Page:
Guys, this book was weird. Like one of the weirdest books I've read this side of my college course on counterculture where we read things like Fear and Loathing in Las Vegas. Much like the books in that course, I definitely felt like I was on some sort of substance-assisted journey as I read through Dust Girl. So yeah, that was interesting.

Though it was pretty evident from the opening that this was perhaps not the book for me, I persisted on and didn't DNF, because there w
This tale takes place in Slow Run Kansas during the time of the great Dust Bowl. Zettel offers us an interesting tale of dark and light fairies, danger and discovery. Fans of folk lore, history and fairies will delight in this tale.

We meet protagonist Callie LeRoux at her home, a grand hotel in Slow Run. The town is all but deserted due to the dry conditions. Sand and dust have affected her health but her mother refuses to leave. Callie’s father, a man she has never met promised he’d return. Whe
Alanna (The Flashlight Reader)
Jun 18, 2012 rated it really liked it
Shelves: arcs, 2012, ya
I’m going to go ahead and admit that I am not a fan of fairy books. I like them about as much as I like vampires and zombies. Knowing that, I was a little apprehensive about reading Dust Girl because it was marketed as a Fae story. While that was true, there were other elements that kept this from feeling like a stale fairy tale (no pun intended).
One of the things I noticed right away was the original setting. I can only recall reading one other book set in the Dust Bowl during the early 1900s.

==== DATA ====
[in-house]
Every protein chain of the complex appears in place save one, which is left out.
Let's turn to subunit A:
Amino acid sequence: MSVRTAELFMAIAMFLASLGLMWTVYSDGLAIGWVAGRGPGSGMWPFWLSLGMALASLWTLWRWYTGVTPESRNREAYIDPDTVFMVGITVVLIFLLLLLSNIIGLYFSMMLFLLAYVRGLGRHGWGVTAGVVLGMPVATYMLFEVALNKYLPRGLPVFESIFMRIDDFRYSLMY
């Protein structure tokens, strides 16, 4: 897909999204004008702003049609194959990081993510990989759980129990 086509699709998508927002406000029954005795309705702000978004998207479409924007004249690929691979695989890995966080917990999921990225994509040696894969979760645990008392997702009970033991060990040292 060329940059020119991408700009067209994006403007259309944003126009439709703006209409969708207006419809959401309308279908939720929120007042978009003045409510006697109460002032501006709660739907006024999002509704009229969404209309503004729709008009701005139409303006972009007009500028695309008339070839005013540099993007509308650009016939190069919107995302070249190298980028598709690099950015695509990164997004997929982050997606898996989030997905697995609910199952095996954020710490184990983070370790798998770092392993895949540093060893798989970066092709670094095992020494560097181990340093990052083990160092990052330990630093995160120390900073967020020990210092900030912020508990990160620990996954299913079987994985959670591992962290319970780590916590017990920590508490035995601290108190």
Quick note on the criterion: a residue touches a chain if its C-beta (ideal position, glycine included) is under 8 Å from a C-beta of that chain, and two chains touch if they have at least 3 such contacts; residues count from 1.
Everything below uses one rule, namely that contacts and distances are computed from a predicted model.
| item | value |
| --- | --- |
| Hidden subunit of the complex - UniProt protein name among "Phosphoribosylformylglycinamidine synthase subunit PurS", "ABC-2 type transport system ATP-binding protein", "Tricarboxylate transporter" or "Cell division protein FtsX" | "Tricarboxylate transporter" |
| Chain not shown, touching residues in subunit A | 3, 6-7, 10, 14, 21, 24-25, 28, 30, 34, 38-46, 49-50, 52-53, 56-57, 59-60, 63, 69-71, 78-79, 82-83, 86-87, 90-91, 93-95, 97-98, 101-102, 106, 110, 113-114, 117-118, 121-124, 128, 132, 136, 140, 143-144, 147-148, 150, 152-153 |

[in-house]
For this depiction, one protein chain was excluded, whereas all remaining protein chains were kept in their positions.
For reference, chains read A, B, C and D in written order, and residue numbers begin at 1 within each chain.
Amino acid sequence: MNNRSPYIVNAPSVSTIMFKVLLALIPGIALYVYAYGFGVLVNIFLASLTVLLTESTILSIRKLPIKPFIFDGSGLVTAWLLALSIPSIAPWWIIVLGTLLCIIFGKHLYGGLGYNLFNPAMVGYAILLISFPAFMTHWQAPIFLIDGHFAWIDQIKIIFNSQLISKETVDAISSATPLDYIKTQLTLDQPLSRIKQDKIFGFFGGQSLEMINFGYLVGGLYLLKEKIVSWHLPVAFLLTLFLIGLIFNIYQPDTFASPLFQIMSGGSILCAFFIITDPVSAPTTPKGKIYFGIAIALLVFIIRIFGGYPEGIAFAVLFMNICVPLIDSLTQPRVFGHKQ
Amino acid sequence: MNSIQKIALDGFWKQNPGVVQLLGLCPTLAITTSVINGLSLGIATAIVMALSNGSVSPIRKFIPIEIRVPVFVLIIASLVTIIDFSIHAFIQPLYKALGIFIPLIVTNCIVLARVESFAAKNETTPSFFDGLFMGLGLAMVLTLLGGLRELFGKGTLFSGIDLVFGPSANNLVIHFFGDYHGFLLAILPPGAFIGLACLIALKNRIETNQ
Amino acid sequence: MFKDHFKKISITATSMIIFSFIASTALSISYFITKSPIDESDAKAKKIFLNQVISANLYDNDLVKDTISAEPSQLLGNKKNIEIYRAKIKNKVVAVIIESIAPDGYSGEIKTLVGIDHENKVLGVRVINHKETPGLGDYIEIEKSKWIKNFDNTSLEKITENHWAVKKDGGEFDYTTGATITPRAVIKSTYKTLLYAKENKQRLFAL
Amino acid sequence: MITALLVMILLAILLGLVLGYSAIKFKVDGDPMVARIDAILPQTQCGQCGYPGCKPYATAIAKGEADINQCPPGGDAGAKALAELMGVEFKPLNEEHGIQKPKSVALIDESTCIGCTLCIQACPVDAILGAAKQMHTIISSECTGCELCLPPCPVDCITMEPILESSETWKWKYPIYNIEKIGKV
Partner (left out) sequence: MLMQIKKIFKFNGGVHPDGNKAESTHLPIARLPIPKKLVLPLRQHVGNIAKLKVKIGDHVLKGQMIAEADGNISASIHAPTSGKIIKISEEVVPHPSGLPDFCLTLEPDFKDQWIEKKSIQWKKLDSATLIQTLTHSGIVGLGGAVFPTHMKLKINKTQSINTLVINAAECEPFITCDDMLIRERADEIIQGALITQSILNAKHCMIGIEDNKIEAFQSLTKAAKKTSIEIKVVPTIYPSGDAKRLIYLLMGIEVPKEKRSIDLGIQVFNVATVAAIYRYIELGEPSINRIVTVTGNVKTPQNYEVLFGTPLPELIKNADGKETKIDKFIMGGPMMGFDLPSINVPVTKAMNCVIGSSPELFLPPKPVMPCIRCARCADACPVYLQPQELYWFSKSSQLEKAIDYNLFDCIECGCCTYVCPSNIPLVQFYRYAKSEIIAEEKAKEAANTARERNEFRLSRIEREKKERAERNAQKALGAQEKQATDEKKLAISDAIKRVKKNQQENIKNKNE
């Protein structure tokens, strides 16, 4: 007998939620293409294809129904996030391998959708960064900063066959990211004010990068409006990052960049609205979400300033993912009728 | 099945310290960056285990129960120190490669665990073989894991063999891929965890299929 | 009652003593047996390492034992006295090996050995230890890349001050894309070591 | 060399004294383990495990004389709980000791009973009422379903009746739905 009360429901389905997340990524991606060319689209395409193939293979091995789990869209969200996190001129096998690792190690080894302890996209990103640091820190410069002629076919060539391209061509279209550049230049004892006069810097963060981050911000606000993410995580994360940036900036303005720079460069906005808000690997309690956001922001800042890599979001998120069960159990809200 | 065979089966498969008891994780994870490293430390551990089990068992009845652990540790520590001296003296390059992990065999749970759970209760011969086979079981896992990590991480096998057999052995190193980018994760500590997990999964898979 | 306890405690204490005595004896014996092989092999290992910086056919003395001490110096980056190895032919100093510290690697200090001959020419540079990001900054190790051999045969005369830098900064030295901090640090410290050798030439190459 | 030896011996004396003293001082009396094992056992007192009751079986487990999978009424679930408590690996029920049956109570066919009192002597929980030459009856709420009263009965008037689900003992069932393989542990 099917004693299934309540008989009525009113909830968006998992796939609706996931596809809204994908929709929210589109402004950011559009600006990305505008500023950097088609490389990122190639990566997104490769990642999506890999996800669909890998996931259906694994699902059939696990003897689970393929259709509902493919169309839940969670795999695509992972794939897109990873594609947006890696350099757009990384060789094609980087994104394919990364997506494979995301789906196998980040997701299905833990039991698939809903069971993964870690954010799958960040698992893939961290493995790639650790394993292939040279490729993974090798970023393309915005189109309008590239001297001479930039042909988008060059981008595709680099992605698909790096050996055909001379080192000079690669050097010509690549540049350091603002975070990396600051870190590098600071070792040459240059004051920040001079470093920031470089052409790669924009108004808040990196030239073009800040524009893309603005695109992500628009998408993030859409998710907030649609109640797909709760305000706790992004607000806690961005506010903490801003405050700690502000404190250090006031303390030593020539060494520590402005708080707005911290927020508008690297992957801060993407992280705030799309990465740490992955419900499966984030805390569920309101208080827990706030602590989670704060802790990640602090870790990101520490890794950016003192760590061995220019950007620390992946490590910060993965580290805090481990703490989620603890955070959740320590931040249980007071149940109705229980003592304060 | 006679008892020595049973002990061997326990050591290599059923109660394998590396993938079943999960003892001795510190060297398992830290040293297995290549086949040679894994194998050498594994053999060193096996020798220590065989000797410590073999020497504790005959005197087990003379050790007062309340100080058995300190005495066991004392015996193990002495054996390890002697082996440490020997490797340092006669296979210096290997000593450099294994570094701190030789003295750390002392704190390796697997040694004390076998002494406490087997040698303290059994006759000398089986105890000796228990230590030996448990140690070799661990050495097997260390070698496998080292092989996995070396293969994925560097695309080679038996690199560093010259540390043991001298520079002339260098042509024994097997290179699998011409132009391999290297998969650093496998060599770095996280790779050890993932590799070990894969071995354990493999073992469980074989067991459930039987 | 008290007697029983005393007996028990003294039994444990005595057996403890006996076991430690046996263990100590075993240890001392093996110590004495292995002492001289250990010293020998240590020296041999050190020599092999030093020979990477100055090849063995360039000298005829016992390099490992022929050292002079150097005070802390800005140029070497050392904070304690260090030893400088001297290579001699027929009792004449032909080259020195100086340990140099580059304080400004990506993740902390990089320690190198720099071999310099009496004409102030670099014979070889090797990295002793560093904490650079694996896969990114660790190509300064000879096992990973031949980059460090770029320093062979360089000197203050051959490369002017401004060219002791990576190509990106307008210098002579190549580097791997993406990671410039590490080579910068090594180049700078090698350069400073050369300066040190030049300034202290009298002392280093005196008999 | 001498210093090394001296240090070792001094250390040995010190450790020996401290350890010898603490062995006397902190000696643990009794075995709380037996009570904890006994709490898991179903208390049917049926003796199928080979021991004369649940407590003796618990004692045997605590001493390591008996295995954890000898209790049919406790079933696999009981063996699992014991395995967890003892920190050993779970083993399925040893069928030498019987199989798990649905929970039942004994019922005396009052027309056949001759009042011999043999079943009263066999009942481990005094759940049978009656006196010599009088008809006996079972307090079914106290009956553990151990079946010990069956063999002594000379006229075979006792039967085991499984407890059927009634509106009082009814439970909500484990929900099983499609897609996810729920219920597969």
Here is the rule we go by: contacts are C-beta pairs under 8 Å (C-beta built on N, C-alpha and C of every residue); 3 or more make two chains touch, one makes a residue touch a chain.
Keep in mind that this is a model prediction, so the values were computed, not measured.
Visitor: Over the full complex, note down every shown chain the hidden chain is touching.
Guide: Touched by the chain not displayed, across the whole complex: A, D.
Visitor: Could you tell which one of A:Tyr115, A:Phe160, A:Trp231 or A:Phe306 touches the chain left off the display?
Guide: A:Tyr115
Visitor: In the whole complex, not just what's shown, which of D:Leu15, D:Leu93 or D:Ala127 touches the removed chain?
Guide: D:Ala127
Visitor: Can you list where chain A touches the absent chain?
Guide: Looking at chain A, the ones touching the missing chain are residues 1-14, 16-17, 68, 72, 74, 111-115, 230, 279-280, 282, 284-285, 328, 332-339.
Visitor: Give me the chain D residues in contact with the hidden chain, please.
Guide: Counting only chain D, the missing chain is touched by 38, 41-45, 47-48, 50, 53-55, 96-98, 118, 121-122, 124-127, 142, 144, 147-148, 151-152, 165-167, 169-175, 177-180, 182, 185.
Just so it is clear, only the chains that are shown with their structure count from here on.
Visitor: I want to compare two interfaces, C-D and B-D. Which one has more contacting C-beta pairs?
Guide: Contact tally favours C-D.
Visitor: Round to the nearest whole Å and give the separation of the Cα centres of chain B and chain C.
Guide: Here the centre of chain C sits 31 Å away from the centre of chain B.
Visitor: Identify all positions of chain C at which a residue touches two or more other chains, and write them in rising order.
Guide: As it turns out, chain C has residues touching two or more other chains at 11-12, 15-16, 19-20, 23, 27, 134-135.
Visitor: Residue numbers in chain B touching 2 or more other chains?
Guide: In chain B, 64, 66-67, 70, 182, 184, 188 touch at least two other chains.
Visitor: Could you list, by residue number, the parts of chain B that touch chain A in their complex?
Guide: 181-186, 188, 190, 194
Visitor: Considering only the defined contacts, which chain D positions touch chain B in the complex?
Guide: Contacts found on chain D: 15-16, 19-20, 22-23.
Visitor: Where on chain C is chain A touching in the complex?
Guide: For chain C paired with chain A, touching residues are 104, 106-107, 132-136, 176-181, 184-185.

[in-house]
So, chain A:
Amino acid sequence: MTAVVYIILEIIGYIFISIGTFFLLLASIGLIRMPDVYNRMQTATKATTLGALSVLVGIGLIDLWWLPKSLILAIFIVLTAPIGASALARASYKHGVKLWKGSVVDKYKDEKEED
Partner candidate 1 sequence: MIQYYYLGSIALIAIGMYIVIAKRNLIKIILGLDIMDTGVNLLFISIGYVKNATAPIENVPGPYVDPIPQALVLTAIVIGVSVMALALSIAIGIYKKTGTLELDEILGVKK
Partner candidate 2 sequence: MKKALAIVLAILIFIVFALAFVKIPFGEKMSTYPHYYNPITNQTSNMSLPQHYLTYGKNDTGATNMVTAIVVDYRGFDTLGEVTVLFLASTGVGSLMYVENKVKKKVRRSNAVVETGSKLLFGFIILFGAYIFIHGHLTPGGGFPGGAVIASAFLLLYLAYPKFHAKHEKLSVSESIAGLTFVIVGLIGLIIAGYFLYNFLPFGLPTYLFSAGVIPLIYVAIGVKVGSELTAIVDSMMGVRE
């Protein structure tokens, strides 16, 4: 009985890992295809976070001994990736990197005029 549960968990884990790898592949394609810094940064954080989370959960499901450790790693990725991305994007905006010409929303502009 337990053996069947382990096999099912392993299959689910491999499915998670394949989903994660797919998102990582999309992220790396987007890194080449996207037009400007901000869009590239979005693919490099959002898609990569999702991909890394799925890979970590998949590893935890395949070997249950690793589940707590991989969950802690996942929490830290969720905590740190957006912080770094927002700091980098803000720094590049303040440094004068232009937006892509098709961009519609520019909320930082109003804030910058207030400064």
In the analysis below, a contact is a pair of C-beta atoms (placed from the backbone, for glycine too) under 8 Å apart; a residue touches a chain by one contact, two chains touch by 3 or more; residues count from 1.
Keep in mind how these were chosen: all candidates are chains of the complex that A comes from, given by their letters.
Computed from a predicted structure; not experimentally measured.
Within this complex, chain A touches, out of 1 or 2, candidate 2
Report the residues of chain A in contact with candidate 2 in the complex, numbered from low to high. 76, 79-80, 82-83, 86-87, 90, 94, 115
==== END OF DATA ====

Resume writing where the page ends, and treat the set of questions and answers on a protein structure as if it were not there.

Sep 20, 2013 rated it really liked it
Title: Dust Girl

Author: Sarah Zettel

Age Group: Teen/Young Adult

Genre: Fantasy/Historical Fiction

Series: The American Fairy, book one

Star Rating: 4 out of 5 stars

The bottom line: An enchanting debut about a young half-fairy coming of age, Dust Girl was just a triumph of a little book--I thoroughly enjoyed it! Highly recommended for fans of both genres!

This book was given to me by the publisher in exchange for an honest review.

Callie LeRoux is a girl who is well-versed in survival. As a half-black
Mar 13, 2012 rated it it was amazing
Shelves: teen
Slow Run, Kansas is a backwater barely-town suffering greatly in the wake of the Great Depression. Dust storms rage and businesses are drying up. Callie and her mother live in and run the old Imperial Hotel. While it was once glamorous and busy, the Hotel is now crumbling and failing. But Callie and her mother have stayed in spite of it all. In spite of the dust that has settled in Callie's lungs. In spite of the lack of money and the struggle to keep the place running. And in spite of the fact ...more
Jan 06, 2012 rated it really liked it  ·  review of another edition
Historical fantasy is one of my favorite genres, but it is one of the most difficult ones to get right if you ask me - and Sarah Zettel manages to nearly nail it with Dust Girl. It has the perfect amount of intrigue, adventure, and great story that features a budding friendship.

I don't know how I didn't read this one earlier. I heard about it and was excited, but somehow it just slipped down my TBR pile and boy am I regretting it. I love how different Sarah Zettel's fairies are. While there are
Apr 08, 2012 rated it it was amazing

This is such a rich and intriguing read, suitable for ages 10 on up I think. As long as the 10 year old can cope with violence, death and subtle, tricksy fae. [spoilers removed]The world building is outstanding, Zettel takes us right back to the dustbowl, Kansas 1935, and introduces us to Callie, a girl who is about to learn that not only is she biracial-passing-as-white she is also a halfling-passing-as-human. But this isn't something she can focus on right now, because she is living through t